In terms of scenery, anything Western-y works. I have some of the Microart studio buildings from the first kickstarter, some TT Combat stuff including a super-cool paddle steamer that I’m going to steampunk up, and I’m working on 3D printing more. Warcradle (or an affiliate) also does a really cool range of bespoke buildings themed around their various starter sets). Laser-cut MDF buildings work really well for this system. I think a fairly well-covered battlefield is better unless you’ve got a really big fight on – my next step is to build coherent scenery sets such as a frontier town, a dusty outpost, mining compound etc.

A nice touch is that everything rules wise is downloadable free of charge – this includes the Action and Adventure Decks so you can print your own (though I prefer having proper cards so ordered two sets), templates, and the special rules as a separate reference sheet. Each unit in the game has a card that can be downloaded that has more or less everything you need on it (exceptions being any special weapons you purchase and the common rules). I played with the unit cards up on my laptop and that did slow things down somewhat – not sure if there’s a way to build a deck of your unit cards on the phone or a pad, which would be great; the other option would be to print them out of course. Everything being on-line means it’s a pretty live ruleset, which makes it a bit more responsive.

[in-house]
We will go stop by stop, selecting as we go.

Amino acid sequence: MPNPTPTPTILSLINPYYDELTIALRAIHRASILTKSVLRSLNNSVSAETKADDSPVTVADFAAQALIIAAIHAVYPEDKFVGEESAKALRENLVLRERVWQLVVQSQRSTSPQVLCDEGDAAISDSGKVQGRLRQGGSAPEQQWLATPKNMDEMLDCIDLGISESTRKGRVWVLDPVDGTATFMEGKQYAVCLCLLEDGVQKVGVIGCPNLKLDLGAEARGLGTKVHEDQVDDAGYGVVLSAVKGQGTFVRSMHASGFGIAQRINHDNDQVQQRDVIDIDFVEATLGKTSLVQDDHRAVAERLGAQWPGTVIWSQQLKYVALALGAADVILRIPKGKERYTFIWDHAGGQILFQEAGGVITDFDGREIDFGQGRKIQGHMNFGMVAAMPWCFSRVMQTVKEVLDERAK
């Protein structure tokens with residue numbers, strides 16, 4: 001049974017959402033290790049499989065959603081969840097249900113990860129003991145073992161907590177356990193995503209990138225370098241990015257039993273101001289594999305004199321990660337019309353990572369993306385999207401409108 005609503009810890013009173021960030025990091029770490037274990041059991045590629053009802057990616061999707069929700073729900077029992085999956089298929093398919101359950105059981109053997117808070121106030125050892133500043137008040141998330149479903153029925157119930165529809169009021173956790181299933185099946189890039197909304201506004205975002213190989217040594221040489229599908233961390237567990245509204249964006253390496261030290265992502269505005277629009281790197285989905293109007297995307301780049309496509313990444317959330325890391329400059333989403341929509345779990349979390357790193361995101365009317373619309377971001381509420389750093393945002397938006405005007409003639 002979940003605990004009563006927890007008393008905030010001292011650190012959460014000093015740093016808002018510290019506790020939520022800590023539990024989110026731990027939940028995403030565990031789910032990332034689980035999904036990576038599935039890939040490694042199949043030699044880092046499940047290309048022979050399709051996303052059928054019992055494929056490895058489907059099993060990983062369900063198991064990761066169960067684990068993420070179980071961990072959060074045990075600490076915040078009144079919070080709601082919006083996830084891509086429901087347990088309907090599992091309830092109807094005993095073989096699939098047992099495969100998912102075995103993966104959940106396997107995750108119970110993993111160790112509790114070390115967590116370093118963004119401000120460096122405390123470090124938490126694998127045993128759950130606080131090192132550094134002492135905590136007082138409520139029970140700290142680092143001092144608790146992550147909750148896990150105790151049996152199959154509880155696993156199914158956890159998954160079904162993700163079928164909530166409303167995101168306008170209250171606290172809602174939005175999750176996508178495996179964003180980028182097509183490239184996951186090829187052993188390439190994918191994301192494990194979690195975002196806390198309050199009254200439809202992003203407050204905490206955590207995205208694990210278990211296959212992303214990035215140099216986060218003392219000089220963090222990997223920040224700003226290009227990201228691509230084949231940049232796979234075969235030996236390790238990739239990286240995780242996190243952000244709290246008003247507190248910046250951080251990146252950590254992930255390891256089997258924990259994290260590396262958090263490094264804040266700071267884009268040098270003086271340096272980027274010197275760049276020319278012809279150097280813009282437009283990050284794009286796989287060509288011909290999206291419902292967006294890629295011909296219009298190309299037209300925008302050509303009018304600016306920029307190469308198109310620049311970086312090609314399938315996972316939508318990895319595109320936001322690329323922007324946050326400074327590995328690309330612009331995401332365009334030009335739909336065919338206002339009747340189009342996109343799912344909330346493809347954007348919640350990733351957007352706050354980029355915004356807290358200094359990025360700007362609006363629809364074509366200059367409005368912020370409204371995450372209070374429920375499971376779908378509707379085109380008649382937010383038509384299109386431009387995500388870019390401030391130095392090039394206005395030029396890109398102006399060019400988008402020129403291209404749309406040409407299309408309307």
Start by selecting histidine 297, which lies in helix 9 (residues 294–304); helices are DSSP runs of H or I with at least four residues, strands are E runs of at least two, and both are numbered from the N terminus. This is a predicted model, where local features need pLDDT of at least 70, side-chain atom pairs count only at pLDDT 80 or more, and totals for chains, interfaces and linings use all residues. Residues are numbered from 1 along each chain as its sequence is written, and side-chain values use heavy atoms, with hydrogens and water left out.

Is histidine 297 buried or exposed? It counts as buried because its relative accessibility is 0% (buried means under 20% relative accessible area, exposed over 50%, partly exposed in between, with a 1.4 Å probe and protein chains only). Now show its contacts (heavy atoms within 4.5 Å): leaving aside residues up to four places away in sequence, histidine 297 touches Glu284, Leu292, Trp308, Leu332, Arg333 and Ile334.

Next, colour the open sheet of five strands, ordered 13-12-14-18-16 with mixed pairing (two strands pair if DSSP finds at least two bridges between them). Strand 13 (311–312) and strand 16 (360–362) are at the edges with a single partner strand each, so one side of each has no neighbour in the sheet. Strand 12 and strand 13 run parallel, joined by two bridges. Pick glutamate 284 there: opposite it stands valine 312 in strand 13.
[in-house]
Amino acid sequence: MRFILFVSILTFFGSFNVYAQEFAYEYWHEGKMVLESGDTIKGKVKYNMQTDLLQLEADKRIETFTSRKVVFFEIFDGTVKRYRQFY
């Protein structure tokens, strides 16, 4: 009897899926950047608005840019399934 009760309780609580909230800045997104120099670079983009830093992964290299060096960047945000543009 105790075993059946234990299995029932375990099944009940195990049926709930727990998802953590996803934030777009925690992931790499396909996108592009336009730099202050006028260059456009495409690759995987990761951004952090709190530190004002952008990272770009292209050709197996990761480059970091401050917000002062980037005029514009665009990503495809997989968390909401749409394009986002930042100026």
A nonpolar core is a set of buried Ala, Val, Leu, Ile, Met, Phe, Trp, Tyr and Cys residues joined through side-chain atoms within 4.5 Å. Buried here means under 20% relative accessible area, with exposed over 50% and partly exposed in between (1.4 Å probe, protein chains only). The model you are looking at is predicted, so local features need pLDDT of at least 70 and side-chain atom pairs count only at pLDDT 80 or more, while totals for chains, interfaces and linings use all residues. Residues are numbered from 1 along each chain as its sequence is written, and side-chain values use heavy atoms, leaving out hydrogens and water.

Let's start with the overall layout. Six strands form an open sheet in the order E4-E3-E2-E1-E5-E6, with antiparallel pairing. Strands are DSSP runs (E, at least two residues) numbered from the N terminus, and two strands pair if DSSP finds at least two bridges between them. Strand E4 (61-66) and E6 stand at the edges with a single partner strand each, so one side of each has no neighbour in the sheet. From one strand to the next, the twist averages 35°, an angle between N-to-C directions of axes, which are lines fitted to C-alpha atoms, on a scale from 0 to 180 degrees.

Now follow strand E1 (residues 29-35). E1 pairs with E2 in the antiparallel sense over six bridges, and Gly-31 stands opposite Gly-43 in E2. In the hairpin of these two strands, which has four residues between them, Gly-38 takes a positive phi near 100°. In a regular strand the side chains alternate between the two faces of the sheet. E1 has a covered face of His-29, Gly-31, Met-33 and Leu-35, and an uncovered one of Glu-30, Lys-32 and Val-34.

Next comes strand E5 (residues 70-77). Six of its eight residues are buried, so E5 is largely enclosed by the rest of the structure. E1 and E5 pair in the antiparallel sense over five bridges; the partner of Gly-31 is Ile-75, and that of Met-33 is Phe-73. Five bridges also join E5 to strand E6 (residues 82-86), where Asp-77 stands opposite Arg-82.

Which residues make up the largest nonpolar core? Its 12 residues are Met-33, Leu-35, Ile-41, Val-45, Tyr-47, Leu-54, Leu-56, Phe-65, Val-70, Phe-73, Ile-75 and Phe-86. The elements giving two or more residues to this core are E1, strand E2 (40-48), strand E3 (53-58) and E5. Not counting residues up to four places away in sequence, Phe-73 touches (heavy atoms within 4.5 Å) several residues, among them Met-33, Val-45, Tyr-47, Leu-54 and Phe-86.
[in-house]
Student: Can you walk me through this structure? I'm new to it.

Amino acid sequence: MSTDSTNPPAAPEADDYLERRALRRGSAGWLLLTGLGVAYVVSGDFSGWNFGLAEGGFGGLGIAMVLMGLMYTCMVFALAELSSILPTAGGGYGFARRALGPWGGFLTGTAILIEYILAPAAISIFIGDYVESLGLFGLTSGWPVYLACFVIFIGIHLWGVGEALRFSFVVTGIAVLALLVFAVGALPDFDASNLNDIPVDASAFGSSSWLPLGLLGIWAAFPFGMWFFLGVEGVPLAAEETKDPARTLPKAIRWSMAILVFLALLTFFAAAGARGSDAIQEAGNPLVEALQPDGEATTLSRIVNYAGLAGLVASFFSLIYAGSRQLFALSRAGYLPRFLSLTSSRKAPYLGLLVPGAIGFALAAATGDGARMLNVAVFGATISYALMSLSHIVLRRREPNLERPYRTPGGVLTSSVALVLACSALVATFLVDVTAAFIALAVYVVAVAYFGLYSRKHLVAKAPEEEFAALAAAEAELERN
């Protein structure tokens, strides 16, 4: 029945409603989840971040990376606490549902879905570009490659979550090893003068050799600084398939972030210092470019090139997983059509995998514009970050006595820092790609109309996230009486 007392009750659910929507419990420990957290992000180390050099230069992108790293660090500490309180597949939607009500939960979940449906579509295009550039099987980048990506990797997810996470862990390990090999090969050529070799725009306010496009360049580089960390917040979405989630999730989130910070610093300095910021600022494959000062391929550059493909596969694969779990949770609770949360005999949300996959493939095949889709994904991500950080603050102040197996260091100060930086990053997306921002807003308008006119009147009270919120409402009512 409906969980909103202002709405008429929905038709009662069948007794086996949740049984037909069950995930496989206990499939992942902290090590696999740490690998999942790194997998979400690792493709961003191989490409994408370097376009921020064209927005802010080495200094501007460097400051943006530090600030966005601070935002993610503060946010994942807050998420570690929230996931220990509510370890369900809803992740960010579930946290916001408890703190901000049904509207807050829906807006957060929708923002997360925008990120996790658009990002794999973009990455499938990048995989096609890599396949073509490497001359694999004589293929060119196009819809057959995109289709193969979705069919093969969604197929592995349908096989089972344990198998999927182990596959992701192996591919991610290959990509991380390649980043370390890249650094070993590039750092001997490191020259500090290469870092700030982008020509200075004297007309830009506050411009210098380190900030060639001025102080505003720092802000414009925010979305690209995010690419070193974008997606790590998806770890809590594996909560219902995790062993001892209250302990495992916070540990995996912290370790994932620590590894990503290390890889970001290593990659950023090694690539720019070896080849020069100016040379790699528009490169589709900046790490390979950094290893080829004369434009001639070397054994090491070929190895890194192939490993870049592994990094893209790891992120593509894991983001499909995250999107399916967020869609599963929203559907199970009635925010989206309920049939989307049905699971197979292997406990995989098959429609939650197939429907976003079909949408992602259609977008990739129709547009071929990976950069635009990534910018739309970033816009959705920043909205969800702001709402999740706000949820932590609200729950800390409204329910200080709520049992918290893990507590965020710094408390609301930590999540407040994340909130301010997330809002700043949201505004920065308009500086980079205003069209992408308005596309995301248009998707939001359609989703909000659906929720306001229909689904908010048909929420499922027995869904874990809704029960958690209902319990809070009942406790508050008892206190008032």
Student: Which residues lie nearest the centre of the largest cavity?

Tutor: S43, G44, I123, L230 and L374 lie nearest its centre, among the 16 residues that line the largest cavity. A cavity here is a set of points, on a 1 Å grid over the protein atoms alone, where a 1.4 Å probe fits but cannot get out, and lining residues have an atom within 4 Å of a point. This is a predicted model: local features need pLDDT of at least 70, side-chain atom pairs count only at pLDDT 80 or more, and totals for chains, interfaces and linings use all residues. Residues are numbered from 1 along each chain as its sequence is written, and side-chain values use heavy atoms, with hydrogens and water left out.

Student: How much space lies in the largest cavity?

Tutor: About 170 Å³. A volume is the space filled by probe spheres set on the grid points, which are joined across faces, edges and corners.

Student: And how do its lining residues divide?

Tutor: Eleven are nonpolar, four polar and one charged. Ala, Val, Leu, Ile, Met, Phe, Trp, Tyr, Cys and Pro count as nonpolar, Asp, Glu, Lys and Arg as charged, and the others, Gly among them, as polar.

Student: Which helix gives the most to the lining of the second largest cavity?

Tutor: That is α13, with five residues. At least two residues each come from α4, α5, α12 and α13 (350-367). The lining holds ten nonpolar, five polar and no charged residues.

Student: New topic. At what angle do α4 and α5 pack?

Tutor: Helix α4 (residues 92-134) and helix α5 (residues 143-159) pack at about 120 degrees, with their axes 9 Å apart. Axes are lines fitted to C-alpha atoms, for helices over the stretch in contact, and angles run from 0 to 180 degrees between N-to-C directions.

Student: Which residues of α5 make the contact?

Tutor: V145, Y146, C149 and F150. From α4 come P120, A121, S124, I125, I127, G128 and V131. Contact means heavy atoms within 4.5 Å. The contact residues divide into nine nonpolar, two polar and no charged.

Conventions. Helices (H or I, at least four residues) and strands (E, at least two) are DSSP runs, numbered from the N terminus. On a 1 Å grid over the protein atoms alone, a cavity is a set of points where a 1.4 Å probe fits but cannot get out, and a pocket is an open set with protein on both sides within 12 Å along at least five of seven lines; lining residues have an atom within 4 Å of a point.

In Conclusion

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I’m definitely sticking with this, and not just because I already have a huge collection. It falls somewhere between being really paired down and simple, and being complex and granular – both of which, of course, have their appeals. This makes for a fast and exciting game (once you have the special rules down) but one which gives you the opportunity for some fun combos both in picking your posses and how the Adventure Deck interacts with gameplay. You can play with some pretty small posses – both forces fit into a single layer in my KR skirmish case with some spare minis or you can go for bigger battles, giving you a real range and allowing you to combine different posses in a force. I’m going to finish off the miniatures I have, then I’m going to be hard pressed to decide on which posse to go for next. Plus making coherent scenery sets…

Warcradle, of course, has also acquired the late, lamented Spartan properties Dystopian properties and combined them and Wild West Exodus into a single setting. I’m eagerly awaiting my copy of the 3rd ed Dystopian Wars rulebook to see how they’ve evolved the system and to see how it all works together. More on that in another post, I’m sure.

Tim is a wargamer and roleplayer based in Edinburgh. He’s a novelist, publishing under the name T.Q. Chant, and is currently looking for backers for a crowdfunded campaign to bring a steampunk novel to print (https://unbound.com/books/the-frost-fair/). He’d also really like to get into writing for the wargames he plays (hint hint…). He has a day job, but it’s really dull (Seriously, it is – I work with him! – J).


Many thanks again to Tim for lowering himself to my level.  If you want to know more about WWX2, head to the game’s official website and if you’d like to contribute your own article please take a look here.